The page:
Angela Su received a degree in biochemistry in Canada before pursuing visual arts. Su’s works investigate the perception and imagery of the body, through metamorphosis, hybridity and transformation. Through her performance-based works such as The Hartford Girl and Other Stories (2012) , she investigates the tension of the artist’s dualistic state of being when under physical endangerment or distress. Cosmic Call (commissioned by Wellcome Collection in 2018) and The Afterlife of Rosy Leavers (2017) include drawings, videos, performative and installation works that explore the interrelations between our state of being and the advancement of technology. Central to these projects are video essays that weave together fiction and facts. Archival photographs, prints and film footages are systematically used by the artist to create a realm that oscillates between reality and fantasy. With focus on the history of medical science, her works challenge the dominant belief systems and contemplate the impact of technology on the past, present and future.
In recent years, Angela began to explore science fiction as her creative medium. In 2013, she published an artist novel Berty, and in 2017, a science fiction anthology Dark Fluid where she uses science fiction as a tool for social justice.
She has participated in “Sala10” (Museo Universitario Arte Contemporáneo, Mexico, 2020); “Meditations in an Emergency” (Ullens Center for Contemporary Art, Beijing, 2020); “Contagious Cities” (Commissioned work by Wellcome Trust, at Tai Kwun, Hong Kong, 2019); “Woven” (curated section of Frieze London, 2019); “Artists’ Film International” (Whitechapel Gallery, London, 2019); “Pro(s)thesis” (Academy of Fine Arts Vienna, Austria, 2017); “The 2nd CAFAM Biennale: The Invisible Hand” (CAFA Art Museum, China, 2014); “17th Biennale of Sydney” (Museum of Contemporary Art, Australia, 2010).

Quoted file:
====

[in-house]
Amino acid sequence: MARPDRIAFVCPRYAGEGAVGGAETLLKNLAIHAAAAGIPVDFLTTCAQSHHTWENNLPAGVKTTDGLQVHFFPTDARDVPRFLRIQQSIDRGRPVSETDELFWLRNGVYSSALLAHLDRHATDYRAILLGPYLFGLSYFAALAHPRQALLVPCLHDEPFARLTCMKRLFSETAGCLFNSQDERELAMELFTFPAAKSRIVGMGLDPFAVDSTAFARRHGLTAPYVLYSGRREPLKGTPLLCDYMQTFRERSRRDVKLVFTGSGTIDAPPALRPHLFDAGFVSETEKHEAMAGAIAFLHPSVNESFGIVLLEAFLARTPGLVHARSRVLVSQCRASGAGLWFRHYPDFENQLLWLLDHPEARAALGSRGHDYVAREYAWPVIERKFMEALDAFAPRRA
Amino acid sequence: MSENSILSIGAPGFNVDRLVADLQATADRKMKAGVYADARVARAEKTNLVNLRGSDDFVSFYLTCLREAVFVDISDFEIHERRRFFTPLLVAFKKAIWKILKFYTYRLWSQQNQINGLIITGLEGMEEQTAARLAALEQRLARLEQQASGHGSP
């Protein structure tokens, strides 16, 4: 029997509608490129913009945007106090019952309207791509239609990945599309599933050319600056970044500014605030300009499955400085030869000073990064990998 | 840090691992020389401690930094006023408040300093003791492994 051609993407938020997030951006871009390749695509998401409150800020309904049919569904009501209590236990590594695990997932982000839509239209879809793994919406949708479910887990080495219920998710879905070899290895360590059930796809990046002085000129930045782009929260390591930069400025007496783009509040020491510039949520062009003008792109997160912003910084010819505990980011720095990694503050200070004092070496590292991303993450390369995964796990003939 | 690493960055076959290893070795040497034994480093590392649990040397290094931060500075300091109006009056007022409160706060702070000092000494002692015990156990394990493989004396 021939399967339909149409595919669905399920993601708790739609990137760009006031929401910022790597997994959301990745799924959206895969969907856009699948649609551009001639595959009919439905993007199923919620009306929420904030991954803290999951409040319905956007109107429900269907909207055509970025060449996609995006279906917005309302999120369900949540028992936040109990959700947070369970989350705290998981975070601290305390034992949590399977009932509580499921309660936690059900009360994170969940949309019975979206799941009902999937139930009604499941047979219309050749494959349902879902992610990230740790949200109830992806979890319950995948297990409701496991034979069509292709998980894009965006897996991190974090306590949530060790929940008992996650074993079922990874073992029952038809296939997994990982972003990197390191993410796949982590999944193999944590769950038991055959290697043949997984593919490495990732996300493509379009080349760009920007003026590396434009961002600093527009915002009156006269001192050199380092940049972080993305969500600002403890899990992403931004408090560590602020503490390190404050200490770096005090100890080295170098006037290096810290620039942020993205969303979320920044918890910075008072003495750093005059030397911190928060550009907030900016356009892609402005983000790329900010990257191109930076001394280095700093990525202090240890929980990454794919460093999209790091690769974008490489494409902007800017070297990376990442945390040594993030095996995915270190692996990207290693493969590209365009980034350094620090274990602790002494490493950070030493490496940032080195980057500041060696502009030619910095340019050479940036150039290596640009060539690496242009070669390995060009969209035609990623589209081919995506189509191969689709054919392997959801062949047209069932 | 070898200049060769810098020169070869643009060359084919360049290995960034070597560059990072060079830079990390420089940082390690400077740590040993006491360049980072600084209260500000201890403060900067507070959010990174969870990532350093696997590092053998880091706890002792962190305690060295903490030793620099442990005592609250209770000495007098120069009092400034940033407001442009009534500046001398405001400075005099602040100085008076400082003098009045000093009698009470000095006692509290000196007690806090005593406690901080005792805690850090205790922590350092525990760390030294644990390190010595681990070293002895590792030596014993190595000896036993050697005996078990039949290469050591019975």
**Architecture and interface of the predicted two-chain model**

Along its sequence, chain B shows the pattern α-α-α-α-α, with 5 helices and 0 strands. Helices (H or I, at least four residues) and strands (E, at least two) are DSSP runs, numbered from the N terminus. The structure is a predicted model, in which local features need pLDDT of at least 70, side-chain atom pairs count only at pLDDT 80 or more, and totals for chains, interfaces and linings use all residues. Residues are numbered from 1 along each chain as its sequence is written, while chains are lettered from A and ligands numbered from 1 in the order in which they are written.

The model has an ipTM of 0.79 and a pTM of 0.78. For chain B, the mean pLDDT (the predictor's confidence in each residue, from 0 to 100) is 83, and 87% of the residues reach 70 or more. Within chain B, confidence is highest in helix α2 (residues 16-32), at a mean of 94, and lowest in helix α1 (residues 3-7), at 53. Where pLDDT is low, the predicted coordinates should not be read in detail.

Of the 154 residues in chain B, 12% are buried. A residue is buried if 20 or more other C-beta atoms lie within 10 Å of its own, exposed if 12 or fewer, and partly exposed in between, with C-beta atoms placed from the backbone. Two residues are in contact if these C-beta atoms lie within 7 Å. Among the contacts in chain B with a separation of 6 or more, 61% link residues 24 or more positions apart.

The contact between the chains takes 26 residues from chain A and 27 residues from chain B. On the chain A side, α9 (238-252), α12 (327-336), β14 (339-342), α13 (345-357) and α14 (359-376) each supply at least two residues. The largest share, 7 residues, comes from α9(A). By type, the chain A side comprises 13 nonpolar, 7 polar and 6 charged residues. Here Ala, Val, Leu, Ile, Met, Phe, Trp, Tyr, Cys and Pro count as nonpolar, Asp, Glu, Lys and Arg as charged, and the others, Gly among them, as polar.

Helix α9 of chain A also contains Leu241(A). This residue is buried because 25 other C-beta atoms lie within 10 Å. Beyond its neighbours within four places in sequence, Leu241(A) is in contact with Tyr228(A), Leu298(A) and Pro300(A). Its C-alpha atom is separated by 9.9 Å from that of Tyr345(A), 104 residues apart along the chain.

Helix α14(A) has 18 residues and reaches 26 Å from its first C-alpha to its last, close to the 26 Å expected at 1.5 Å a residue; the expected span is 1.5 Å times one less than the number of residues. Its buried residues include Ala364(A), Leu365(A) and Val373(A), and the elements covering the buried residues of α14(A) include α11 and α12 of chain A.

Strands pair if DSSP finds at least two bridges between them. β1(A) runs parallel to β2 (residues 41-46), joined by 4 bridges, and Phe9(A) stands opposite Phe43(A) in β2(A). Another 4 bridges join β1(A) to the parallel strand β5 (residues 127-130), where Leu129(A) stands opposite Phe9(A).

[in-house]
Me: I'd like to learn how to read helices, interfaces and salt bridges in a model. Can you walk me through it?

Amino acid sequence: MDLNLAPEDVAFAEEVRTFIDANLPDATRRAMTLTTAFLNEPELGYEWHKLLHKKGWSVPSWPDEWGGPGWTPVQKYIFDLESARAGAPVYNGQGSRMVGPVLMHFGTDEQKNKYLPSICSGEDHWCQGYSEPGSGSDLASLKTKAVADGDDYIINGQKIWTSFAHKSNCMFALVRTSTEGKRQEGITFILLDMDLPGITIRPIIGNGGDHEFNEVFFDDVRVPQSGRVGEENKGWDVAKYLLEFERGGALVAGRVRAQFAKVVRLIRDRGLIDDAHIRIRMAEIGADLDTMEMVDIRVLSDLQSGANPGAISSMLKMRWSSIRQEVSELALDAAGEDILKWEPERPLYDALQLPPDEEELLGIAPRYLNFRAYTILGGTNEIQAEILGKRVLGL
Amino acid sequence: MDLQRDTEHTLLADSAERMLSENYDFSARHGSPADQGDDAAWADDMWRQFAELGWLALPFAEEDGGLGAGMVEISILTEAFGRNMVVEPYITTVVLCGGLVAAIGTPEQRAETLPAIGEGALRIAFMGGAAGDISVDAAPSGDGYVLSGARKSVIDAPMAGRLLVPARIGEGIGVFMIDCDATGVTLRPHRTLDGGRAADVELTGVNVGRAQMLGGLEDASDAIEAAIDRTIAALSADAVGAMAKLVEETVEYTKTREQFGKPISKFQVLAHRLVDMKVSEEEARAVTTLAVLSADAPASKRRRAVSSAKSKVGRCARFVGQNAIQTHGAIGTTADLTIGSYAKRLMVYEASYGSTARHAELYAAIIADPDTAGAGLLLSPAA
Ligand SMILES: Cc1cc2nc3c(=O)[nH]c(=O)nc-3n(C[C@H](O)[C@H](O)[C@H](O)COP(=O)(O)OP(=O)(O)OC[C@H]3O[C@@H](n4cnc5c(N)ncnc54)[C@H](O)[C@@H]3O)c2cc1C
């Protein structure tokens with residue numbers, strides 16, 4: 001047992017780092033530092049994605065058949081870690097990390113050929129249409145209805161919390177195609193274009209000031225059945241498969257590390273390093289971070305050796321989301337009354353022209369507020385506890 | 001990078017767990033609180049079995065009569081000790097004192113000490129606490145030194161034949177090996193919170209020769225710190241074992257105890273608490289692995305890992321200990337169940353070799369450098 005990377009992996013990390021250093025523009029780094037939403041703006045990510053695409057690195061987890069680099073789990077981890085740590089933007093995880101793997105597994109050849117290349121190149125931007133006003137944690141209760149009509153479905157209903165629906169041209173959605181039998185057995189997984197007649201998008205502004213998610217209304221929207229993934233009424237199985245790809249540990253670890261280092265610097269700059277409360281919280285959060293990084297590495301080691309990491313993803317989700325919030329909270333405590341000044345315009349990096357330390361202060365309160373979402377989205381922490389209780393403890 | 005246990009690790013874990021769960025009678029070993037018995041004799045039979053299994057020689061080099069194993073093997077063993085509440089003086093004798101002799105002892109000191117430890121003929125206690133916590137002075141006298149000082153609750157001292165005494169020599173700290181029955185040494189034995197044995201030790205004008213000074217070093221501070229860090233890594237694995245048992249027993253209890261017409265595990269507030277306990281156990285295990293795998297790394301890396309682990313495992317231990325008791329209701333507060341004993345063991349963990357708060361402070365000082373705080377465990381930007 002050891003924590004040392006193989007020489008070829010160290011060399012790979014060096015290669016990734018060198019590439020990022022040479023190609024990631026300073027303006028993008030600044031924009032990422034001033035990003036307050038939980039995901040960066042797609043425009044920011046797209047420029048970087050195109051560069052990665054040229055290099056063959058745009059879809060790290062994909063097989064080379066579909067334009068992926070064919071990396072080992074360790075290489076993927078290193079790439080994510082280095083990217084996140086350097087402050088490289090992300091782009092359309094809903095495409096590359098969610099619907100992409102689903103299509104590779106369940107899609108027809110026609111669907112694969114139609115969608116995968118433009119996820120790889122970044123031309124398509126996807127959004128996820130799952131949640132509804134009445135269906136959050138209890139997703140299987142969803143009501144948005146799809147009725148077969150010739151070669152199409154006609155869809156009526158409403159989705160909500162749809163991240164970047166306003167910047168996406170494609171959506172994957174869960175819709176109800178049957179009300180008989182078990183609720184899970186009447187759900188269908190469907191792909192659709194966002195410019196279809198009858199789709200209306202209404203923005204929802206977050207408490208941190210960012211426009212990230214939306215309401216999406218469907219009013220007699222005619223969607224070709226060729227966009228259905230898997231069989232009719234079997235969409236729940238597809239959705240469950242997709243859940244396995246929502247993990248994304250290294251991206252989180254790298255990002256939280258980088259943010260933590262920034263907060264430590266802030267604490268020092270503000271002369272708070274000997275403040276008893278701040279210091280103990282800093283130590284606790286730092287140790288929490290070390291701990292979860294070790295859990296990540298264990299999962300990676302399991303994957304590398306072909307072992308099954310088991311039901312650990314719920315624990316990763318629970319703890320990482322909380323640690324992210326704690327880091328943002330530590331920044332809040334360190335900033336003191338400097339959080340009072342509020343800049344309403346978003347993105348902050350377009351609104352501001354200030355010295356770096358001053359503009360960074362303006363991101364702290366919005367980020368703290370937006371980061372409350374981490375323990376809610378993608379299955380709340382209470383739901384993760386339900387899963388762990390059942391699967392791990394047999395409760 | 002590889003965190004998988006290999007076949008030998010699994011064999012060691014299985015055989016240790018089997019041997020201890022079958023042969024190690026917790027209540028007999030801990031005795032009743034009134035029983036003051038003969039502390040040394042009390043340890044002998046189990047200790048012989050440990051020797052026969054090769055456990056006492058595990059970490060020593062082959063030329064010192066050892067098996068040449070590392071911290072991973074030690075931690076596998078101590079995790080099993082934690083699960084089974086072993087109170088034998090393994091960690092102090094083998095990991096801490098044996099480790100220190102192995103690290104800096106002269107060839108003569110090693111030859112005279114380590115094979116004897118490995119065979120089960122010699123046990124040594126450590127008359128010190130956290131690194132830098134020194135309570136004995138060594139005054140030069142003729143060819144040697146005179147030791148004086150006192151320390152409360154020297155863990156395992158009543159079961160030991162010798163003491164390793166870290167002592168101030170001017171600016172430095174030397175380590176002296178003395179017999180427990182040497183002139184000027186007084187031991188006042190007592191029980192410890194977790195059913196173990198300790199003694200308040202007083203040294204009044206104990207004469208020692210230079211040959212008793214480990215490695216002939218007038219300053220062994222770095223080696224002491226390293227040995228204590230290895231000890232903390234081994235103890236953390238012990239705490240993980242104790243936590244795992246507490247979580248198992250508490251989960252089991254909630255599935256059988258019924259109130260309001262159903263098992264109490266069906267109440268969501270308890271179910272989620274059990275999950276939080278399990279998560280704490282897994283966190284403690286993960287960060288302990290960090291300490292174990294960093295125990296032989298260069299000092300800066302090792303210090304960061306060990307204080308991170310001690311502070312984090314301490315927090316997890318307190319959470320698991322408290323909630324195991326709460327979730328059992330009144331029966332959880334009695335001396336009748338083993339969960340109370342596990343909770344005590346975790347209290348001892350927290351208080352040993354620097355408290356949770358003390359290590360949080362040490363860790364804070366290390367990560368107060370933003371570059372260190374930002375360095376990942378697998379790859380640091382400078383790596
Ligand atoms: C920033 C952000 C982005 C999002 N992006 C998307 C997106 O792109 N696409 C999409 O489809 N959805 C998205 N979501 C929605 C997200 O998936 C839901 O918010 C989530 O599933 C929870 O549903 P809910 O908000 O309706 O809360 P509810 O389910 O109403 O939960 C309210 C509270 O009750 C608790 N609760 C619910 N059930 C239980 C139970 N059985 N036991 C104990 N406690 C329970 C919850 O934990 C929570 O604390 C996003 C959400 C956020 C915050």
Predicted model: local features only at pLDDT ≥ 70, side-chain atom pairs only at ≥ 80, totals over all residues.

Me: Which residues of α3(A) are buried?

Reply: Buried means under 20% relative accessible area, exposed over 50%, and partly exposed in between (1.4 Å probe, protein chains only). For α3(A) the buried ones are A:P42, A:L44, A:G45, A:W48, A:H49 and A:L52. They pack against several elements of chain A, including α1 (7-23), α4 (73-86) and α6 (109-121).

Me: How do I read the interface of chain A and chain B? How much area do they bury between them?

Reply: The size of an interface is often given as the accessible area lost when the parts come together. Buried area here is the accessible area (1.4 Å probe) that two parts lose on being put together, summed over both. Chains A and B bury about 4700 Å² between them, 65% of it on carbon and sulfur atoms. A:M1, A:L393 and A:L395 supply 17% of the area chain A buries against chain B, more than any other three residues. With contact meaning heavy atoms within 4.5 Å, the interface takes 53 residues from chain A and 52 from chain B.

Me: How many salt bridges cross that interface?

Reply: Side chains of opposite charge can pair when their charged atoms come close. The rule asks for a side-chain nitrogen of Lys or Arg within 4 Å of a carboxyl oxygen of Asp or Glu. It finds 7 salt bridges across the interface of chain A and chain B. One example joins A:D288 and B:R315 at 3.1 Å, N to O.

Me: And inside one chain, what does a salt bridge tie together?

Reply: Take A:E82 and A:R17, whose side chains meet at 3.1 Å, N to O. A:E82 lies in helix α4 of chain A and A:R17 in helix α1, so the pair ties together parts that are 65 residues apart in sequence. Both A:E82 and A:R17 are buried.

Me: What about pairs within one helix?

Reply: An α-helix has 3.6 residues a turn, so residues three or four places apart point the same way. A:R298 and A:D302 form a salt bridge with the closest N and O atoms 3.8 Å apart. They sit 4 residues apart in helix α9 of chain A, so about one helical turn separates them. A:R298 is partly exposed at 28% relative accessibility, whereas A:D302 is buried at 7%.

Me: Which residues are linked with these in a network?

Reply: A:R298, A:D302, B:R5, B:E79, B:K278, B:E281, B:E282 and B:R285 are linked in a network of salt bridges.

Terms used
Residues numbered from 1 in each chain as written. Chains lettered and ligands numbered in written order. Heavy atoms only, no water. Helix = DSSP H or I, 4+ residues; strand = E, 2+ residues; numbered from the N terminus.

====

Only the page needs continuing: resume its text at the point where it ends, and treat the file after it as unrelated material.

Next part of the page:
Cosmic Call, 2019, 12’43”
Angela Su’s Cosmic Call sees the virus as a cephalopod spreading its tentacles across astronomy, borders, and archives. Cosmic Call is commissioned by the Wellcome Trust for the Contagious Cities project in early 2019, the timing of which only seems prescient now with COVID-19. Cosmic Call proposes an alternative to the western medicine-centric outbreak narrative of epidemics, and explores the cosmological and extra-terrestrial origin of infections and diseases based on a review of ancient manuscripts and a critique of Chinese medicine. The video ends with the artist injecting herself with different kinds of virus and bacteria, thereby becoming one-and multitude with the viral paradoxes, an origin story and an end-game scenario at once.